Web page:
The Federal Aviation Administration (FAA) is investigating a close call incident between two passenger planes at John F. Kennedy International Airport in New York on Friday, the transportation agency announced.
A departing Delta Air Lines Boeing 737 flight started to take off from a JFK runway but was forced to stop its takeoff midway because of an American Airlines Boeing 777 aircraft crossing that same runway, the FAA said in a statement to The Hill, based on preliminary information ahead of the investigation.
Air traffic controllers noticed the potential collision and scrambled to alert both flights, asking the Delta flight to cancel takeoff and the American plane to stay in place.
In an audio recording of air traffic control communications shared online by flight trackers, a voice can be heard shouting expletives when the mistake is apparently realized and controllers call for both planes to heed the warnings.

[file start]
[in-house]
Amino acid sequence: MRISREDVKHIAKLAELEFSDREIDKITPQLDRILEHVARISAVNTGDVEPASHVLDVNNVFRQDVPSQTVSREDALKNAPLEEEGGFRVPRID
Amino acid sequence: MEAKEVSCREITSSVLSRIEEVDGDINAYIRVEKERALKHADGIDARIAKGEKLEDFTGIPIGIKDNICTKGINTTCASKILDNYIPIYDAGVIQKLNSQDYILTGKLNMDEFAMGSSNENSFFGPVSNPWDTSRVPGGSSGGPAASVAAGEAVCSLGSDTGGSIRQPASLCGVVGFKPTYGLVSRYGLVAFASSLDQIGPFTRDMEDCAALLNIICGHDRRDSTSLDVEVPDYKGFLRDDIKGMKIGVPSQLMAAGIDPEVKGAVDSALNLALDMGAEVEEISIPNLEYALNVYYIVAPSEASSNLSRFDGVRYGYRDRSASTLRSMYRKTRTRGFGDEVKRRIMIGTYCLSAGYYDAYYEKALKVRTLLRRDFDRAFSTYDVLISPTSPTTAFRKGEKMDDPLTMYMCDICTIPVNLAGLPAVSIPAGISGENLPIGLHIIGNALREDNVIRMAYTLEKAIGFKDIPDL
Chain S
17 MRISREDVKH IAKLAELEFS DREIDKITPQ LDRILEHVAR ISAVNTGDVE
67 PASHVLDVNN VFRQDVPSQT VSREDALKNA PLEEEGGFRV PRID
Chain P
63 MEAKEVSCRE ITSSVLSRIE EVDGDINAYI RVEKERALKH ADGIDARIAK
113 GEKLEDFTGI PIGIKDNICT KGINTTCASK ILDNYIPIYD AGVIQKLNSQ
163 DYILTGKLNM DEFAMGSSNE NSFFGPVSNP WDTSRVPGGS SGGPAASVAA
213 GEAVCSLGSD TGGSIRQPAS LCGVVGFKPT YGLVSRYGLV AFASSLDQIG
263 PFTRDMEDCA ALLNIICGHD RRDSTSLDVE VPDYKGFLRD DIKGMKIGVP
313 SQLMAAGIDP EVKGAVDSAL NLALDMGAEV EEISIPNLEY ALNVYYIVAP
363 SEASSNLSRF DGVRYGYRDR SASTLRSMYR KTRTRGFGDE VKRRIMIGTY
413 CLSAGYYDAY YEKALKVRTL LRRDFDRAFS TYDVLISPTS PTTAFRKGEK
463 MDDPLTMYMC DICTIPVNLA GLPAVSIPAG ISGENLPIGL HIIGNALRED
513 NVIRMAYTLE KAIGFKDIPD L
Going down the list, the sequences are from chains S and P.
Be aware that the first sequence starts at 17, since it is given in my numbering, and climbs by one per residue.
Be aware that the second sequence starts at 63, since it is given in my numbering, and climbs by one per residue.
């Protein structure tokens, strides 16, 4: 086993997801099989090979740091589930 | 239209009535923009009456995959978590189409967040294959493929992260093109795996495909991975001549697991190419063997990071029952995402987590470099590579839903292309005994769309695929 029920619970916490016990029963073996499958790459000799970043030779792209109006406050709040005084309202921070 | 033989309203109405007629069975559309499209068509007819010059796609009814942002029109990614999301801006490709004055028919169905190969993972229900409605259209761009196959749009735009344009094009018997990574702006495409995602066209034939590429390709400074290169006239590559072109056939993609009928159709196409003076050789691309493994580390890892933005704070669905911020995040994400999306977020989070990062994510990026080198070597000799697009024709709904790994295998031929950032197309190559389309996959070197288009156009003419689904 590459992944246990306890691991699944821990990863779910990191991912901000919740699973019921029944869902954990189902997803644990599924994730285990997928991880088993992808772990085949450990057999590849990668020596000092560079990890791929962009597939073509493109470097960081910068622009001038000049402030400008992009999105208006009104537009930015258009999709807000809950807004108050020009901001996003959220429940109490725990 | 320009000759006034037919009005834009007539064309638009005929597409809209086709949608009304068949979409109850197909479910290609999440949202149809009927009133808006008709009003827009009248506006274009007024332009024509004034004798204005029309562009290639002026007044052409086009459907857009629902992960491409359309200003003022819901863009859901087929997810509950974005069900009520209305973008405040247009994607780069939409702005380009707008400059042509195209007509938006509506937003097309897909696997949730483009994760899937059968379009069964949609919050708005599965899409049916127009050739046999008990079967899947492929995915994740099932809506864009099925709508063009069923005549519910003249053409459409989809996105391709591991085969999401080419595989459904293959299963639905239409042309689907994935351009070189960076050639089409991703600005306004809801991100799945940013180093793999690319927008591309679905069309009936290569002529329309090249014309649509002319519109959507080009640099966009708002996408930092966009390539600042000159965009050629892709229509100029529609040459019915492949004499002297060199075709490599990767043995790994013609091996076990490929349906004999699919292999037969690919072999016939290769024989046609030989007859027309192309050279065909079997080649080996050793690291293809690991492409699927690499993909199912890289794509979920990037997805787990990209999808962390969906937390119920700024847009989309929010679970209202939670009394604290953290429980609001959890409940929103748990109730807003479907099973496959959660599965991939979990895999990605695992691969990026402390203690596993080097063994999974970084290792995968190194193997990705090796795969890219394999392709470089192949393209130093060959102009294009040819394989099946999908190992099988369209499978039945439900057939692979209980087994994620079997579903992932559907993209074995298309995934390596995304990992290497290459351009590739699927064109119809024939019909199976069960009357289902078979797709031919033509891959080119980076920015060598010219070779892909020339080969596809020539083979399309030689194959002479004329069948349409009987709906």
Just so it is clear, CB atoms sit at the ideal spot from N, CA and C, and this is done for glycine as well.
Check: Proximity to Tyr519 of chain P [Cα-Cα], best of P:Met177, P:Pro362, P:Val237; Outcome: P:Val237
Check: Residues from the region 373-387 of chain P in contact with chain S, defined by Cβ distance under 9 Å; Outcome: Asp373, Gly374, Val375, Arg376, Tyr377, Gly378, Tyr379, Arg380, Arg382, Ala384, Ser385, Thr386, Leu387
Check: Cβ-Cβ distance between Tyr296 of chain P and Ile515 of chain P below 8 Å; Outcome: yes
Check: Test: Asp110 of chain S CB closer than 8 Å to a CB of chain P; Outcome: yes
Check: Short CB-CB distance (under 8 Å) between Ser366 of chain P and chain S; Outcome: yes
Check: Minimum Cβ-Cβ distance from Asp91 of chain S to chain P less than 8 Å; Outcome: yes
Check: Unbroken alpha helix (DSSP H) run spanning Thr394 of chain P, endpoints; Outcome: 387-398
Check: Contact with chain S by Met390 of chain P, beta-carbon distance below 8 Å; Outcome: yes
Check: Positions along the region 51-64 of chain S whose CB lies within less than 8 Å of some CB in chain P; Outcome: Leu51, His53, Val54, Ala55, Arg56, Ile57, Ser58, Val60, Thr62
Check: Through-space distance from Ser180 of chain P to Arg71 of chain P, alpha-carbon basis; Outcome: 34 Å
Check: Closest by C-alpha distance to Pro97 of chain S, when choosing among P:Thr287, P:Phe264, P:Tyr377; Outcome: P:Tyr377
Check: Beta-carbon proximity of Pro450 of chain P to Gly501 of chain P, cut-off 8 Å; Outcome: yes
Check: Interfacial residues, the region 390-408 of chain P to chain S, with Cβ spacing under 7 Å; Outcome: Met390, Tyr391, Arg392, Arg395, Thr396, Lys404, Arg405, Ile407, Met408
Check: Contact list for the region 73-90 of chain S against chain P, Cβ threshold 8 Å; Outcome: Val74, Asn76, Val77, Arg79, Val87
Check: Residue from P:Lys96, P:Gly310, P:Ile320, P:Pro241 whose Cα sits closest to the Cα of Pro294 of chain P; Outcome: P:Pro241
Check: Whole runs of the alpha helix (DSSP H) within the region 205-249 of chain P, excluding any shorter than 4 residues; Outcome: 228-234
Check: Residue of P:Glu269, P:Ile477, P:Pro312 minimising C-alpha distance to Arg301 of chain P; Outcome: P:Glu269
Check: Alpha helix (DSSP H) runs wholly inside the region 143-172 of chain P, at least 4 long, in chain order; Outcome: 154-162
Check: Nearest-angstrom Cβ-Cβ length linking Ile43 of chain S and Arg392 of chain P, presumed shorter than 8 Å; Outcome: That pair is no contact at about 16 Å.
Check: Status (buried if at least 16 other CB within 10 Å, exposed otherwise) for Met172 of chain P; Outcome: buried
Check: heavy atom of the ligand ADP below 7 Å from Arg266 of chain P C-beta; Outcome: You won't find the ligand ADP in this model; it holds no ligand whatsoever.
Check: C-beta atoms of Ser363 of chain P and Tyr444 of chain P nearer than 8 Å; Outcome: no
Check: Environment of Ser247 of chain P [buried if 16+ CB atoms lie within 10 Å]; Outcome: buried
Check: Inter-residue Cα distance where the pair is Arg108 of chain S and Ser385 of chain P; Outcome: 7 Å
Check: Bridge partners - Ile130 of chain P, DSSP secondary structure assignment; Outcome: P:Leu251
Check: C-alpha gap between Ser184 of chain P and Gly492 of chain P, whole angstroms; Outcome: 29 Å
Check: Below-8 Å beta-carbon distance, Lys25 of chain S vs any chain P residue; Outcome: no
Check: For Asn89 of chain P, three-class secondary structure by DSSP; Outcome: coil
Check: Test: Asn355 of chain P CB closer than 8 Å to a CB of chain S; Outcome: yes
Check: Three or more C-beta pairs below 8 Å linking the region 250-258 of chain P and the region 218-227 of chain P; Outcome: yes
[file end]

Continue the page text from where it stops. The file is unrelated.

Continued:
The Delta plane halted approximately 1,000 feet from the American plane in its path, the FAA said. The aircraft carrying 145 passengers and six crew members was delayed overnight, according to a statement from the airline.
Delta called the incident a “successful aborted takeoff procedure” and said it will work with aviation authorities on a full review of the flight.
The situation follows a number of other airline industry issues, including an outage affecting the FAA’s Notice to Air Missions system, which communicates flight hazards to commercial pilots nationwide, as well as widespread delays and cancellations seen on Southwest Airlines over the holidays due to issues with the airline’s scheduling system.
Updated 4:16 p.m.
Delta Air Lines
Federal Aviation Administration